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Citrus fruits besieged by cochineal do not bear fruit

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Question: Citrus fruit besieged by cochineal does not bear fruit

Hi, my name is Danilo and I write from Salento.

For about 3-4 years I have owned a young lemon tree and a blood orange tree purchased from a local nursery.

The plants are perennially sick because of the mealybug and have never produced fruit even a flower, on the contrary, only the lemon tree initially gave me some but now no longer. I would like to specify that for lemon, most branches have thorns, is this normal? In addition, the plants are in a slightly sunny position, unfortunately (2-3 hours of sunshine a day), and are watered daily during the summer due to the lawn at their feet. As a novice it seems to me that the soil is quite heavy, clayey.

My questions are:

1) Why don't they produce fruit?

2) Are lemon thorns normal?

3) What are the preventive treatments for cochineal, how often and in what period should they be performed?

3) How to cure it now that they are full of it (cochineal), how often and in what period should the treatments be performed?

4) Fertilization? How, when and how often?

I apologize for too many questions but I don't know what to do anymore. I had even considered the idea of ​​cutting everything 80 cm from the base and trying with a new graft starting from scratch, but I turn to you in the hope that your experience will finally solve the problem.

Looking forward to your kind reply, I offer my best regards,

Danilo.


Answer: Citrus fruits besieged by cochineal do not bear fruit

Dear Danilo,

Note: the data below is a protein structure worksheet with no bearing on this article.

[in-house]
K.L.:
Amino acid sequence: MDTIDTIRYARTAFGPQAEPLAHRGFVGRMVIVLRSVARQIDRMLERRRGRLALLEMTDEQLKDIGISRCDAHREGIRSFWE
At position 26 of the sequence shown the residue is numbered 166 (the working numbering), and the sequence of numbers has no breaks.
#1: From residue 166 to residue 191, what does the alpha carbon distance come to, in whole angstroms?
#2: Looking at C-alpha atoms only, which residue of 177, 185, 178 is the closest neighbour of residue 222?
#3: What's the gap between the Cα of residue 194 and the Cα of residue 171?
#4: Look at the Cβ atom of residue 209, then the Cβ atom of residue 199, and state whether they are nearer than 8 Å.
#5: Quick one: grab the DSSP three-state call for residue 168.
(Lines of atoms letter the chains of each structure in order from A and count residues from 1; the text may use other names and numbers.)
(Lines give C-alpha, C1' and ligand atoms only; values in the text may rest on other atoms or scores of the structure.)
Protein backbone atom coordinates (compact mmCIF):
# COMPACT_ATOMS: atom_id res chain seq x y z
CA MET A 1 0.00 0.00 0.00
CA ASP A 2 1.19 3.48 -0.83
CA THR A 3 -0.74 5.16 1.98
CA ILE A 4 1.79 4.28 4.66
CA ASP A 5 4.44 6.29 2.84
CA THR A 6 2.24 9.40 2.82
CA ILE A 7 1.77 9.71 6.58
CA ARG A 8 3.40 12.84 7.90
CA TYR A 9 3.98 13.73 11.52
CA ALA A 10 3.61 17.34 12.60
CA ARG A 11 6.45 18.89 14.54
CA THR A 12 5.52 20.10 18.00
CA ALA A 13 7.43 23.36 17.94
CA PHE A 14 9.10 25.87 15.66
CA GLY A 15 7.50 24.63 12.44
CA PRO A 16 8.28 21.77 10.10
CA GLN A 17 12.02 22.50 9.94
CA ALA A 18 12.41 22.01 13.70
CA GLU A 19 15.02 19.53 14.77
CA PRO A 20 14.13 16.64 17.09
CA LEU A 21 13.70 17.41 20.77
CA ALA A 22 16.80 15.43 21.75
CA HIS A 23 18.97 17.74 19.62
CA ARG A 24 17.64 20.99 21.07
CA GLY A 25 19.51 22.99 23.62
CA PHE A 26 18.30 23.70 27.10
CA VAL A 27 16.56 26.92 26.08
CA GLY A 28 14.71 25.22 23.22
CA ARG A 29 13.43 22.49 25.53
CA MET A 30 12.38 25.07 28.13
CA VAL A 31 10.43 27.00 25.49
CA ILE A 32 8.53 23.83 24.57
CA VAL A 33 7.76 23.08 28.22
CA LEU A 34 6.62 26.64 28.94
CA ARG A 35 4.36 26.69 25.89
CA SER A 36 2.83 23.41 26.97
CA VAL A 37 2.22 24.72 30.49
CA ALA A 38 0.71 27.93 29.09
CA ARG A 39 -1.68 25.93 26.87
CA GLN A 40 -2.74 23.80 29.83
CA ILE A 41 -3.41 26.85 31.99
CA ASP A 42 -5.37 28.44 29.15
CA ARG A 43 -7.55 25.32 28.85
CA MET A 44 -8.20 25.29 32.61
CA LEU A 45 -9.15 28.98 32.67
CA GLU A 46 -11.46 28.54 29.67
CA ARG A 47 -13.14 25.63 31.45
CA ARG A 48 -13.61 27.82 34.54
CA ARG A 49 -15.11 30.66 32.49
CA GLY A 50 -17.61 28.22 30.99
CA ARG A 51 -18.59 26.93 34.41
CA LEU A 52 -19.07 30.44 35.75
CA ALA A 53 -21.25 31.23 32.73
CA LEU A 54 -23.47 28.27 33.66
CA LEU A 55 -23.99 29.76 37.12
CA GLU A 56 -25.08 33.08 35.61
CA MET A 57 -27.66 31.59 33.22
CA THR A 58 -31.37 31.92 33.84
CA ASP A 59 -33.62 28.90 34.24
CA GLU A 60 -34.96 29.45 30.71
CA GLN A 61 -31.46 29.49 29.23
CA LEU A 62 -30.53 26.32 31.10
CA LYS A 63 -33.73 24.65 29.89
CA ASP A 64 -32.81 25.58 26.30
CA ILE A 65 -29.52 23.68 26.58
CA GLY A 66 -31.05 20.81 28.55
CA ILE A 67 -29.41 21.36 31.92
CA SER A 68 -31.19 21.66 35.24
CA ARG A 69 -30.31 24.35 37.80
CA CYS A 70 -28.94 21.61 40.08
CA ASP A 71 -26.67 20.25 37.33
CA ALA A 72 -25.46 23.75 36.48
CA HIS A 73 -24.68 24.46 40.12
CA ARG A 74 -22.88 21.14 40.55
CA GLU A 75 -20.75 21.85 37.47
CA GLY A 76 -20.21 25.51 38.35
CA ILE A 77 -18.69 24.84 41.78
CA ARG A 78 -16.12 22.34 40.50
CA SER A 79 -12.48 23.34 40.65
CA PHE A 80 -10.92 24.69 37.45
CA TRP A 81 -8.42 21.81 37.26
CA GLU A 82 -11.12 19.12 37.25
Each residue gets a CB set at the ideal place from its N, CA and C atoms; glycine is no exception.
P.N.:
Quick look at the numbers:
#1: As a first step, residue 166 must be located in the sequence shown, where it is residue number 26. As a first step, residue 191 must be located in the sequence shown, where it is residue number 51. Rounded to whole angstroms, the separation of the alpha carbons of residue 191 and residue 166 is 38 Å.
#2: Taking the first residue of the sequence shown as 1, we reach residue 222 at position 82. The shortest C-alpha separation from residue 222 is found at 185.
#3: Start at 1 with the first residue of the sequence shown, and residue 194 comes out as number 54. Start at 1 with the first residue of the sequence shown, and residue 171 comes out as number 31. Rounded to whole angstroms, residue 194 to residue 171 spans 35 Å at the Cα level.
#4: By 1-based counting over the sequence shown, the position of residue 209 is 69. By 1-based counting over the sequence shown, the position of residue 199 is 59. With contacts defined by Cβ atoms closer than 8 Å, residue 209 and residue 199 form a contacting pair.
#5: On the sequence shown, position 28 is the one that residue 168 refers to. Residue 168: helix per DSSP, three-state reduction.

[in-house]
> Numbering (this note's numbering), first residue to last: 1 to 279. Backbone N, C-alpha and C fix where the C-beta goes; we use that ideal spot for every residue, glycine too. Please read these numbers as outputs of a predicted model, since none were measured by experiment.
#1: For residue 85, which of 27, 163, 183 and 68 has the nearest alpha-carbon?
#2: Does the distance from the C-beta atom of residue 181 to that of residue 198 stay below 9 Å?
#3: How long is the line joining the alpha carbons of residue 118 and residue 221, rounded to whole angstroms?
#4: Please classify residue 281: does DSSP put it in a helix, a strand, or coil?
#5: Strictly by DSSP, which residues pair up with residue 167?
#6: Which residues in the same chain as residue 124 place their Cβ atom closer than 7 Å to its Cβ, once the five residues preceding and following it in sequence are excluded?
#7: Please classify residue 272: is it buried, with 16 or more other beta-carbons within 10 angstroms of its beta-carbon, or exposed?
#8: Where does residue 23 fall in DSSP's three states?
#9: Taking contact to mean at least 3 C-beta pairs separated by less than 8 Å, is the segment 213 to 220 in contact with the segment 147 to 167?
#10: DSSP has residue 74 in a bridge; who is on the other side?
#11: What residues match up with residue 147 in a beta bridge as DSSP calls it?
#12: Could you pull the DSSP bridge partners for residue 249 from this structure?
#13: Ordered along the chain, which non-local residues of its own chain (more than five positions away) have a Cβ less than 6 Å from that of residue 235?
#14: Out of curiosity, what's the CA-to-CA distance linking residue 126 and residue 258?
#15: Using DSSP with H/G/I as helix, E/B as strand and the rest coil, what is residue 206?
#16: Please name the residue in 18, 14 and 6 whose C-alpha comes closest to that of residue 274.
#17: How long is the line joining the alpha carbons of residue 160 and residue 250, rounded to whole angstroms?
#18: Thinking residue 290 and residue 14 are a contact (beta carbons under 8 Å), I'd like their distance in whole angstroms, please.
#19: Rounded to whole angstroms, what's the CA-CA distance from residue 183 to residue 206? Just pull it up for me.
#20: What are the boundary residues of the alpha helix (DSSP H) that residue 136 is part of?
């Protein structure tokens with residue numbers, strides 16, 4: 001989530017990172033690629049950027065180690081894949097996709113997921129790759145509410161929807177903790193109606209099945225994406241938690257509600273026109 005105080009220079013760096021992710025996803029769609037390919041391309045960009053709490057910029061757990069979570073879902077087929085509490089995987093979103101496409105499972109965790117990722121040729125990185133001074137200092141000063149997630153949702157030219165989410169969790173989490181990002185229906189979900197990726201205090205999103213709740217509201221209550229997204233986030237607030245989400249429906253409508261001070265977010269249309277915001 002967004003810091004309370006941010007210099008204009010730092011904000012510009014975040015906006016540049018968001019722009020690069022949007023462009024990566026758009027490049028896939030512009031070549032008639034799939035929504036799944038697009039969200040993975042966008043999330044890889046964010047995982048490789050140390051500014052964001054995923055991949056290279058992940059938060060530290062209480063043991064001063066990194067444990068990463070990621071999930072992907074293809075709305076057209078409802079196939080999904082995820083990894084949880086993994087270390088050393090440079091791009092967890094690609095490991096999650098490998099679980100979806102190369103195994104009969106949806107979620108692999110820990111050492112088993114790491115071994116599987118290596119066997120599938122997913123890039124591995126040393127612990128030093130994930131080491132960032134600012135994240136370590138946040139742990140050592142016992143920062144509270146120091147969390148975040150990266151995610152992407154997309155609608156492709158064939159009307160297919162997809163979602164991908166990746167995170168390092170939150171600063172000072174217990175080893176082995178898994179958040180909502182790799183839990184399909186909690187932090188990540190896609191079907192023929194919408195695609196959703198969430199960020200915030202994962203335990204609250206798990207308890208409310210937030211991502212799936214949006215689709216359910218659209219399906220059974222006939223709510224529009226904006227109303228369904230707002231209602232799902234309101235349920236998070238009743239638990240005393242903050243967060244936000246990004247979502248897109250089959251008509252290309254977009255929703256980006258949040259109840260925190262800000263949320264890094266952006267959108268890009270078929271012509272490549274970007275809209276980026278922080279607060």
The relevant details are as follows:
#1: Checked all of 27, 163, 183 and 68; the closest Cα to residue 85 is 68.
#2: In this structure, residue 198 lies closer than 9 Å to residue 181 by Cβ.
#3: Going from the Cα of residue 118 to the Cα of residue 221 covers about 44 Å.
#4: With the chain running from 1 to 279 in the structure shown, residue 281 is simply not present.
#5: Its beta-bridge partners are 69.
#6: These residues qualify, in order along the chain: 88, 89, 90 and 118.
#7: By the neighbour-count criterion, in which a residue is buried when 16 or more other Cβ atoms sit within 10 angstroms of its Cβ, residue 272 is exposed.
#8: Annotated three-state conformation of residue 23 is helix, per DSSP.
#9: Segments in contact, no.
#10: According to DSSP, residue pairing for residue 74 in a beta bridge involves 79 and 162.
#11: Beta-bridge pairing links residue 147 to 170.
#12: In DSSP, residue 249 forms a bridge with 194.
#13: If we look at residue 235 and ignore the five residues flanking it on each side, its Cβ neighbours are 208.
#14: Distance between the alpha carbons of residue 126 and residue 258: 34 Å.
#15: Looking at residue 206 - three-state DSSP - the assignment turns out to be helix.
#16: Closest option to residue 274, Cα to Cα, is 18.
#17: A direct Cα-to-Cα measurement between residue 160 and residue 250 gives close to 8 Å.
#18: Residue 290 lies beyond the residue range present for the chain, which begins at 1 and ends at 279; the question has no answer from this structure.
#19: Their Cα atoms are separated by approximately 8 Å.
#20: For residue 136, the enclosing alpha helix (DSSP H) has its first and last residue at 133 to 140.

citrus fruits are saplings of Asian origin, widely cultivated for millennia in the Mediterranean area; typically an orchard planted with citrus fruit is positioned in a specific place, that is where all the plants can enjoy a large amount of sunshine every day; pruning is also carried out so that a large part of the foliage can receive direct sunlight. This is because, with little sun, citrus fruits tend not to bloom, and therefore not to bear fruit; this in fact does not only happen for citrus fruits, but for most of the flowering plants. These saplings need a quite humid climate, above all in the warm months of the year, and therefore, even if they endure the drought very well, they need regular watering, from April to September, to be provided only when the soil is dry; it is not necessary to drown the plants, just water them when it is very hot and the rains are scarce or zero. Since we often water them (consider that typically in Sicilian citrus groves citrus fruit are equipped with a drip sprinkler) the soil in which we place the roots of our citrus fruits is very important, because it must be decidedly non-clayey, very light, porous and draining otherwise the water supplied regularly stagnates and favors the development of fungal diseases, rot and more. Fertilizations are carried out in autumn and at the end of winter, with a complex granular fertilizer, specific for citrus, to be spread around the stem of small trees, and every 4-5 months scattered on the ground of shredded lupins, which in addition to providing mineral salts, they also improve the soil mix; in nurseries you often find bags of shredded lupins, specially made for citrus fruits. During the spring vegetative period, foliar fertilizers can also be used, because the foliage of citrus fruits quickly absorbs the mineral salts of these special fertilizers. As for mealybug, it is a fairly difficult insect to eradicate completely and in particular tends to develop in areas with dry air and poor ventilation (both characteristics not particularly suitable for the cultivation of citrus fruits); treatments are done at the end of winter, possibly when there are no flowers on the plants, and white oil is used, activated with a pyrethrum insecticide; in general, a couple of interventions are scheduled, at a distance of about fifteen days, during which the insecticide is sprayed on the whole foliage, and especially on the lower pages of the leaves. Thorns are not such an unusual trait in lemon trees, their presence, and also their size, depend on the variety of lemon you are growing. If, however, they are present only in some branches, check that they do not come from under the graft, in which case they are branches of the rootstock, which must be promptly eliminated.

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